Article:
The mode of chemopreventive activity of MI has not been extensively investigated. MI reversed the dedifferentiating effect of BaP-7,8-diol-9,10-epoxide in human lung cells (52). Also, MI reduced the mitotic rate of premalignant intestinal epithelial cells in rats treated with 1,2-dimethylhydrazine (53). In the present study, MI reduced NNK plus BaP-induced expression of PCNA and phosphorylation of Akt and BAD. However, the effects were not as strong as those caused by PEITC-NAC. To our knowledge, this is the first report associating inhibition of Akt activation with chemoprevention by MI. MI did not cause PARP cleavage, which is consistent with the lack of induction by MI of caspase-3 activity in prostate cancer cells (54). The present results as well as previous reports on the mode of chemopreventive activity of PEITC-NAC and MI indicate possible complementary effects between the two agents, a key factor influencing the efficacy of a mixture of chemoprevnetie agents.

Taken together, the results from this study clearly show that PEITC-NAC and MI inhibit NNK plus BaP-induced lung tumorigenesis in A/J mice through reduction of cell proliferation and induction of apoptosis. The chemopreventive agent was effective when given beginning one day after the 4th of eight carcinogen treatments or one week after the last carcinogen treatment, indicating the potential promise of PEITC-NAC plus MI for lung cancer chemoprevention in smokers transitioning to quitting and in former smokers.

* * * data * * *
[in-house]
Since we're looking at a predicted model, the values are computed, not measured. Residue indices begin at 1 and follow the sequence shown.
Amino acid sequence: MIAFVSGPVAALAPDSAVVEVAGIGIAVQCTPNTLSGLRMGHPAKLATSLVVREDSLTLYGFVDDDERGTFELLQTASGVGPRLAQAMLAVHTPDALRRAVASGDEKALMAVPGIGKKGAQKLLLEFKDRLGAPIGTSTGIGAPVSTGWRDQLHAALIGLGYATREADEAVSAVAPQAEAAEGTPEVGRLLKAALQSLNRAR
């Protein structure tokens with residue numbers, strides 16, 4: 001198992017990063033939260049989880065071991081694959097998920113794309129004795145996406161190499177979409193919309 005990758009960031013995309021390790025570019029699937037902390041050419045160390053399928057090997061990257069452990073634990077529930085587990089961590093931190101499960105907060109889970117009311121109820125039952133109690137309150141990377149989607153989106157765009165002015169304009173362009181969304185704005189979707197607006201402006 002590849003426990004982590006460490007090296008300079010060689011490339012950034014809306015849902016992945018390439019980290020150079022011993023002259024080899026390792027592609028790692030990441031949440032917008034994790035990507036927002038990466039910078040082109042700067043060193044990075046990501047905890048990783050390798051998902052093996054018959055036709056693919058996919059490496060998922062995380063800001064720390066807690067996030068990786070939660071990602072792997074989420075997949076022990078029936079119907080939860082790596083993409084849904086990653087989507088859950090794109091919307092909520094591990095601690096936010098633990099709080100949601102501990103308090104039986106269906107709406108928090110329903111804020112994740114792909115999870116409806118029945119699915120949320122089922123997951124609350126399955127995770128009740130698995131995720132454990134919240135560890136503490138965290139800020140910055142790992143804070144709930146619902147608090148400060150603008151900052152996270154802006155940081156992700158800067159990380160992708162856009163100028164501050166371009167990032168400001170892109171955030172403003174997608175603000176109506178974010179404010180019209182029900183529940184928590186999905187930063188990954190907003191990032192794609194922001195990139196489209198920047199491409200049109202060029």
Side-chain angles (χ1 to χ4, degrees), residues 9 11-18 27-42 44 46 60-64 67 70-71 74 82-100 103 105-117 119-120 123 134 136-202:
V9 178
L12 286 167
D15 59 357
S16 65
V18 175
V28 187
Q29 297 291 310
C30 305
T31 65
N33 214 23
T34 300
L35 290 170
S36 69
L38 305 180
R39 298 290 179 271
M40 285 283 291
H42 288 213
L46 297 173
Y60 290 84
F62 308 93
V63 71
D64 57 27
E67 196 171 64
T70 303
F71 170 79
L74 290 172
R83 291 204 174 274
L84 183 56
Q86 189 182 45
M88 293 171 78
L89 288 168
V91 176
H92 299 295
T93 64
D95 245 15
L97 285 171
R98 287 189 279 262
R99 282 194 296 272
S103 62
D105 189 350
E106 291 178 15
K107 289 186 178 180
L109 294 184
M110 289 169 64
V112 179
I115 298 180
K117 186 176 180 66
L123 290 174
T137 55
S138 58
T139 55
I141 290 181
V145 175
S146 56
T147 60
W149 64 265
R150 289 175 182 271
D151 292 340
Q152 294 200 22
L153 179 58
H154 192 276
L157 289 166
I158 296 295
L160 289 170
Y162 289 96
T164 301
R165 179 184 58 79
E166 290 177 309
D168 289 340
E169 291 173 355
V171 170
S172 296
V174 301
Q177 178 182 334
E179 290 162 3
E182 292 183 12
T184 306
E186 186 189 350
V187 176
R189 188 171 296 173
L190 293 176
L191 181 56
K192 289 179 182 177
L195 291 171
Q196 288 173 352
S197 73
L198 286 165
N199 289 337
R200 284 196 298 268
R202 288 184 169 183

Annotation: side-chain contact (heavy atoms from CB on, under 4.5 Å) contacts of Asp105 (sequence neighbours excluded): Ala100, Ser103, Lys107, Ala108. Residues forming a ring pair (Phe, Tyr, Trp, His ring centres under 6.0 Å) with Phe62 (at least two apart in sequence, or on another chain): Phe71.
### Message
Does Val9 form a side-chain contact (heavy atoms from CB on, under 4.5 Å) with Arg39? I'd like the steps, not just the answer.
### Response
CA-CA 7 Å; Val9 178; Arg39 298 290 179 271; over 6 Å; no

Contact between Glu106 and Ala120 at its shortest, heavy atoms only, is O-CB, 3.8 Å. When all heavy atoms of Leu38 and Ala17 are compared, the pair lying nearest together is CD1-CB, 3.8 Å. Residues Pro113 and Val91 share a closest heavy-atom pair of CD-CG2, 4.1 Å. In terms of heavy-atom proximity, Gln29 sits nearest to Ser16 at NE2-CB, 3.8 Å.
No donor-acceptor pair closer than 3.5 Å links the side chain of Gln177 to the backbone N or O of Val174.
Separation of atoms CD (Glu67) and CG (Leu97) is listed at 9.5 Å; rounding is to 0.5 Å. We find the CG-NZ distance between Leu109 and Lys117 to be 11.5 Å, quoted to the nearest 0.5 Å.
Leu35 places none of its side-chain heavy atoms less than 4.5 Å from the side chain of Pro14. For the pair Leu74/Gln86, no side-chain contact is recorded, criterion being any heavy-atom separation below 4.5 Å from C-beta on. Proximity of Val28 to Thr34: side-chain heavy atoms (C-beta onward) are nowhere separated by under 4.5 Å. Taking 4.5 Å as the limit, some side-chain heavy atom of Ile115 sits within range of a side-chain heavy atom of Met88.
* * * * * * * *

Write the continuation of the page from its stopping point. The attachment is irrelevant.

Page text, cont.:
Acknowledgments

Grant support: NIH/National Cancer Institute grant CA-102502 (SSH). We thank David Jewison for his help in the preparation of the diets and Bruce Lindgren for statistical analyses of the data.

References

1. Jemal A, Siegel R, Ward E, Murray T, Xu J, Thun MJ. Cancer Statistics, 2007. CA Cancer J Clin. 2007;57:43–66. [PubMed]
2. Parkin DM, Bray F, Ferlay J, Pisani P. Global cancer statistics, 2002. CA Cancer J Clin. 2005;55:74–108. [PubMed]
3. International Agency for Research on Cancer. IARC Monographs on the Evaluation of Carcinogenic Risks to Humans. Vol. 83. Lyon: IARC Press; 2004. Tobacco Smoke and Involuntary Smoking; pp. 53–119.
4. Centers for Disease Control. Cigarette smoking among adults-United States, 2006. MMWR. 2007;56:1157–61. [PubMed]
5. Thanopolou E, Baltayiannis N, Lykogianni V. Nutritional aspects regarding lung cancer chemoprevention. J BUON. 2006;11:7–20. [PubMed]